Preventive medicine for zoo animals (Proceedings)


A sound preventive medicine program is the foundation of an animal health program because it is difficult to perform diagnostic tests or treat sick animals successfully; wild animals often mask signs of illness until late into the disease process; and disease outbreaks can have devastating population effects.

The purpose of this presentation is to review the essential elements of a preventive medicine program for captive wild animals. A sound preventive medicine program is the foundation of an animal health program because it is difficult to perform diagnostic tests or treat sick animals successfully; wild animals often mask signs of illness until late into the disease process; and disease outbreaks can have devastating population effects.

Diagnosis and treatment of captive wild animals usually require physical or chemical restraint (including general anesthesia)—procedures that are stressful to healthy animals and may exacerbate an illness or even result in the death of an ill animal. Some bacterial and parasite problems, once established in an exhibit or group of animals, are almost impossible to eradicate and may result in one or more of the following: 1. increased mortality in the animal collection; 2. poor reproductive performance; 3. poor display animals for the visiting public; 4. increased restrictions on shipping animals out of the collection; 5. health risks to surrounding domestic and wild animal populations; and 6. health risks to zoo personnel. The goals of a preventive medicine program, therefore, are: to prevent disease from entering the animal collection; to assure that the animals are properly maintained; and to avoid dissemination of disease to other institutions or to free-ranging populations. The elements of a preventive medicine program include:

  • Stock selection

  • Quarantine

  • Routine health monitoring

  • Nutrition

  • Enclosure design

  • Pest and parasite control

  • Husbandry and sanitation

  • Minimizing conditions that may result in trauma

  • Employee health program

However, before a preventive medicine program can be developed, it is essential that a veterinarian have appropriate training and knowledge in the following areas:

Knowledge in basic veterinary medicine

  • Knowledge in principles of medicine, anesthesia, surgery, pathology, diagnostic methods, and treatment procedures

  • Knowledge of the most common diseases in thousands of animal species

Knowledge of the various species

  • Knowledge of the biology of the different species helps to identify their need for husbandry and nutrition.

  • Knowledge about their natural habitat is necessary for the creation of a suitable enclosure to reduce stress and to prevent stereotypical behavior.

  • Knowledge about the natural behavior of zoo animals is important to be able to recognize abnormal behavior and development of diseases.

  • Knowledge of anatomy and physiology is also important to offer proper husbandry and nutrition, as well as an understanding of a species' susceptibility to certain diseases. It is also necessary for proper diagnostic evaluation and treatment of the patients.

Knowledge in nutritional physiology

  • Structure of the diet needed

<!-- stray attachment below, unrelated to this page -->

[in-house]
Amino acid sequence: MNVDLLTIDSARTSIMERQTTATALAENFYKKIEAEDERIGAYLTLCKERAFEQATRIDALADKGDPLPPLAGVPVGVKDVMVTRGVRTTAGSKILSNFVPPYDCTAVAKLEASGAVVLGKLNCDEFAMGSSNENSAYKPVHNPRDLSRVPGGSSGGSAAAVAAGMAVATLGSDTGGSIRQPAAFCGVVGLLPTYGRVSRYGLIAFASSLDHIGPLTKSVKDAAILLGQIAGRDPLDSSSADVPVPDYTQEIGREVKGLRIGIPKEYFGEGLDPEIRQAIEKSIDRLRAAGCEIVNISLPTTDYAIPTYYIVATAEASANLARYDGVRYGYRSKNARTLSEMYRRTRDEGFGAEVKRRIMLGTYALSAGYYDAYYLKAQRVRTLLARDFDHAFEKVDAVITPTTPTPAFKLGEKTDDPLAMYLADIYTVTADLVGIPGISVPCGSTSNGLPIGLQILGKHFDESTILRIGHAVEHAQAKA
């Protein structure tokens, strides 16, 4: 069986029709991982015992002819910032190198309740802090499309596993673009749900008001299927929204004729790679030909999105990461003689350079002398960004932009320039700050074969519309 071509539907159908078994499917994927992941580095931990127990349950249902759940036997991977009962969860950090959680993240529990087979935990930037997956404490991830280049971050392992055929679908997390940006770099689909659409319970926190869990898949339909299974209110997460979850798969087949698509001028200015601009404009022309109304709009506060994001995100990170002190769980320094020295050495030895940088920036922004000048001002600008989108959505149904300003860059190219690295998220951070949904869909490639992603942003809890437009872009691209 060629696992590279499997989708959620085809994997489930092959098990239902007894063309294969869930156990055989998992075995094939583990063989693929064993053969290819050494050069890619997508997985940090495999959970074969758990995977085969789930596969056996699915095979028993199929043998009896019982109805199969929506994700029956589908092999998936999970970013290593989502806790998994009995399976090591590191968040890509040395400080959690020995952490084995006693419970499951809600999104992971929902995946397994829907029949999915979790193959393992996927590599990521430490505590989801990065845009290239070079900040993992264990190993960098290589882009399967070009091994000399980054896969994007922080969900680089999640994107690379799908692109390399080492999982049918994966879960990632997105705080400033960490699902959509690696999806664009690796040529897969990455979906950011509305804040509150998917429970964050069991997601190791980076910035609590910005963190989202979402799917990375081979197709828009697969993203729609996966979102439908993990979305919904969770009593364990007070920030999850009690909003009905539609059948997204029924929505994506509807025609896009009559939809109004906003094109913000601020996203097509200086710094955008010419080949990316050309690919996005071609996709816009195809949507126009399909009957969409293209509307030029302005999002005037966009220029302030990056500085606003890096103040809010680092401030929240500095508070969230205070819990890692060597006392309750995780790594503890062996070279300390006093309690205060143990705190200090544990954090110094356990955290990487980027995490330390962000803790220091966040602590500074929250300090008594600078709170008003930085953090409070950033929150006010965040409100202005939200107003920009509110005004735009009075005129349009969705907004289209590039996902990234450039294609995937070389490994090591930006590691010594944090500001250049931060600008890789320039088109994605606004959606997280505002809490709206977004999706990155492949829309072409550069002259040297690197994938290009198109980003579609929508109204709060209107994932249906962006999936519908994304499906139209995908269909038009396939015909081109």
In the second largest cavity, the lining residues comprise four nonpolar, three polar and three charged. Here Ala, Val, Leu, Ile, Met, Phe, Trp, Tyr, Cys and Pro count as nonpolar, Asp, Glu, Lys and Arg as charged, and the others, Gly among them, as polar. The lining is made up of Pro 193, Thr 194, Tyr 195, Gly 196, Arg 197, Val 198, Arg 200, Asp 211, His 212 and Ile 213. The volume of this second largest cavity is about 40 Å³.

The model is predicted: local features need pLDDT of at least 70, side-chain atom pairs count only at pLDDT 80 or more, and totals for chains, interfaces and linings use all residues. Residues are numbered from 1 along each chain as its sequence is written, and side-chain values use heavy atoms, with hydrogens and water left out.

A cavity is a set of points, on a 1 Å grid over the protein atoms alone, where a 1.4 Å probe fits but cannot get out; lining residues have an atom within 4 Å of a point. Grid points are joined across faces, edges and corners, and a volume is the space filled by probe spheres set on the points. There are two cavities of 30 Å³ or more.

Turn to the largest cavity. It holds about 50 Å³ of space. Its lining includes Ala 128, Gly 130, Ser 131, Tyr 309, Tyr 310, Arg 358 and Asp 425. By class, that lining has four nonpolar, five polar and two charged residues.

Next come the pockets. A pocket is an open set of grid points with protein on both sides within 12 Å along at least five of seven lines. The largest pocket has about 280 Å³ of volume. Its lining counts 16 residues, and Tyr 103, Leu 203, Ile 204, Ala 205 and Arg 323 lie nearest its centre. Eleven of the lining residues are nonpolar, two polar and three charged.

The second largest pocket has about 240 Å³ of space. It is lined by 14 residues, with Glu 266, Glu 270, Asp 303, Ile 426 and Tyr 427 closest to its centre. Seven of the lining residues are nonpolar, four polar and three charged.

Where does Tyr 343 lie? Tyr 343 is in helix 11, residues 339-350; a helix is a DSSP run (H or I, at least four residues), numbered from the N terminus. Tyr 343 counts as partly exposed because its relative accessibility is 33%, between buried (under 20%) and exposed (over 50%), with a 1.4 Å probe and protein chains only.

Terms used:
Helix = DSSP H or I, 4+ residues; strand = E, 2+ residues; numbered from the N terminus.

• Composition of the diet needed

  • Absorption and availability of nutrients

Knowledge in reproductive physiology

  • Knowledge about breeding cycles is important for the development of breeding programs

  • Knowledge about social grouping and proportion of the genders in a social group

  • Knowledge of artificial breeding methods

  • Knowledge of contraceptive methods

Knowledge in restraint methods

  • Proper restraint methods for the various species

  • Stress impact of the restraint method on the animal

  • Manual restraining methods

  • Methods of chemical immobilization

Knowledge of regulations and guidelines

  • USDA/APHIS regulations for zoos as a commercial animal care facility

  • State regulations for the importation, transportation, and care of wild and zoo animals

  • AZA guidelines regarding husbandry standards for zoo animals

Preventive Medicine

Zoo animal collections are dynamic and animals are often shipped between zoos for social or genetic exchange. Therefore, it is very important to evaluate the health status of the collection on a regular basis, and to have proper preshipment and quarantine procedures in place to avoid disease outbreaks.

Preshipment examination

  • Blood evaluation (CBC, chemistry, viral and parasitic serology)

  • Fecal culture (Salmonella, Campylobacter, Shigella, etc)

  • Fecal examination for parasites

  • Testing for mycobacteriosis (skin test) in hoofstock, elephants, and primates

  • Additional special tests for certain species (brucellosis for hoofstock, Coggin's test for equids, etc.)

  • Vaccination(s)

Quarantine procedures

  • Duration:

     • For most animals: 30 days

     • For psittacines: up to 60 days

     • For primates: up to 90 days

  • Quarantine examination (similar to preshipment examination)

  • Vaccination and deworming program

Routine/daily health monitoring

Routine health monitoring of resident animals will make it possible to detect illness earlier, thus increasing the chance for successful treatment and preventing the spread of the disease to other animals. An important aspect of health monitoring is performed by the animal caretakers. They are often the first to detect changes in the animal's behavior or condition that may indicate illness. If possible, animals should be weighed periodically. Unexplained weight loss, even if the animal appears otherwise normal, should be investigated because it may indicate a health problem such as inadequate diet, dental disease, neoplasia, etc.